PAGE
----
Suppose you need to find the slope of a line through a set of data. You can get a surprisingly good approximation by simply fitting a line to the first and last points. This is known as “Bancroft’s rule.” It seems too good to be true. Of course just fitting a line to just two points is not as good as using all the data, but unless you have a fairly large amount of data, it’s not too much worse either. It’s good enough for a quick estimate.
Just how good is this estimate compared to using all the data? We’ll look at the technical details of an example below.
Suppose you have a regression model y = α + βx + ε where ε is random noise. Suppose ε is normally distributed with mean 0 and variance σ2. Let b be the least squares estimator of β. The variance in b is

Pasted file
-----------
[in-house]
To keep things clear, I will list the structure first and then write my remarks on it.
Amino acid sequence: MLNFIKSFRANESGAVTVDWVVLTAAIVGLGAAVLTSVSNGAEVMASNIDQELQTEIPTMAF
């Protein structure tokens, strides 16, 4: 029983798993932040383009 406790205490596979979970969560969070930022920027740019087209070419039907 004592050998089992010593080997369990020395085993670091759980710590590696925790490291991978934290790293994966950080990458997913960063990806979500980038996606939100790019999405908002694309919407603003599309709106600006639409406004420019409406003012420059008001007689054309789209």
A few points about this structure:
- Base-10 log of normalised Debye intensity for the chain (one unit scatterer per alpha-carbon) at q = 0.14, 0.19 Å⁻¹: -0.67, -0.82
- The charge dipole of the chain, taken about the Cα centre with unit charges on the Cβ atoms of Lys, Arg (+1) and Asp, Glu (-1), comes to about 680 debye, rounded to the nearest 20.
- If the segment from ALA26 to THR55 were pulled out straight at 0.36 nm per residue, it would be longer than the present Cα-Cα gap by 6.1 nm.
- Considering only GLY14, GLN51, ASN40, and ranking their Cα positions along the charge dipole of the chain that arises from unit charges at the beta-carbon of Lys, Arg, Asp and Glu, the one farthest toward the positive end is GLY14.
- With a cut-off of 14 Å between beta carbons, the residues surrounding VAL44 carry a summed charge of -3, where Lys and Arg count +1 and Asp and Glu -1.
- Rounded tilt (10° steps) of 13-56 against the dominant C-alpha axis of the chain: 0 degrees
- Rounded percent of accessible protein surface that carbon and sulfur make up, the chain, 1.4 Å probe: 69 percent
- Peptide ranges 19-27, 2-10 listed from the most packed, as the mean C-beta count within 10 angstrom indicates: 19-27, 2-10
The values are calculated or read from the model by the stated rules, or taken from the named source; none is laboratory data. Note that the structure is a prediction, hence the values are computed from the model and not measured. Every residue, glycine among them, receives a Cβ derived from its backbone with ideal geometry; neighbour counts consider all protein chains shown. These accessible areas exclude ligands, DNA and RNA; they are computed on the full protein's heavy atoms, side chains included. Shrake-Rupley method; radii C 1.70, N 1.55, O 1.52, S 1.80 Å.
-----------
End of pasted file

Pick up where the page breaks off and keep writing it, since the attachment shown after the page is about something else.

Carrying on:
Now suppose we have observations yi corresponding to xi = 0, 1, 2, …, 2n. The average value of x is n, and the denominator in the expression for the variance of the slope estimator is 2(12 + 22 + 32 + … + n2) = (2n3 + 3n2 + n)/3. If we just use the data at x = 0 and x = 2n, the denominator is (0 – n)2 + (2n – n)2 = 2n2.
If we divide the estimator variance based on Bancroft’s rule by the estimator variance using all the data, the σ2 terms cancel and we are left with n/3 + 1/2 + 1/6n. So Bancroft’s rule increases the variance in the estimate for the slope by roughly n/3 compared to using all the data. Thus it increases the confidence interval by roughly the square root of n/3. So if you had 12 data points, the confidence interval would be about twice as wide. Said another way, the estimate based on all the data is only twice as good as the estimate based on just the first and last points.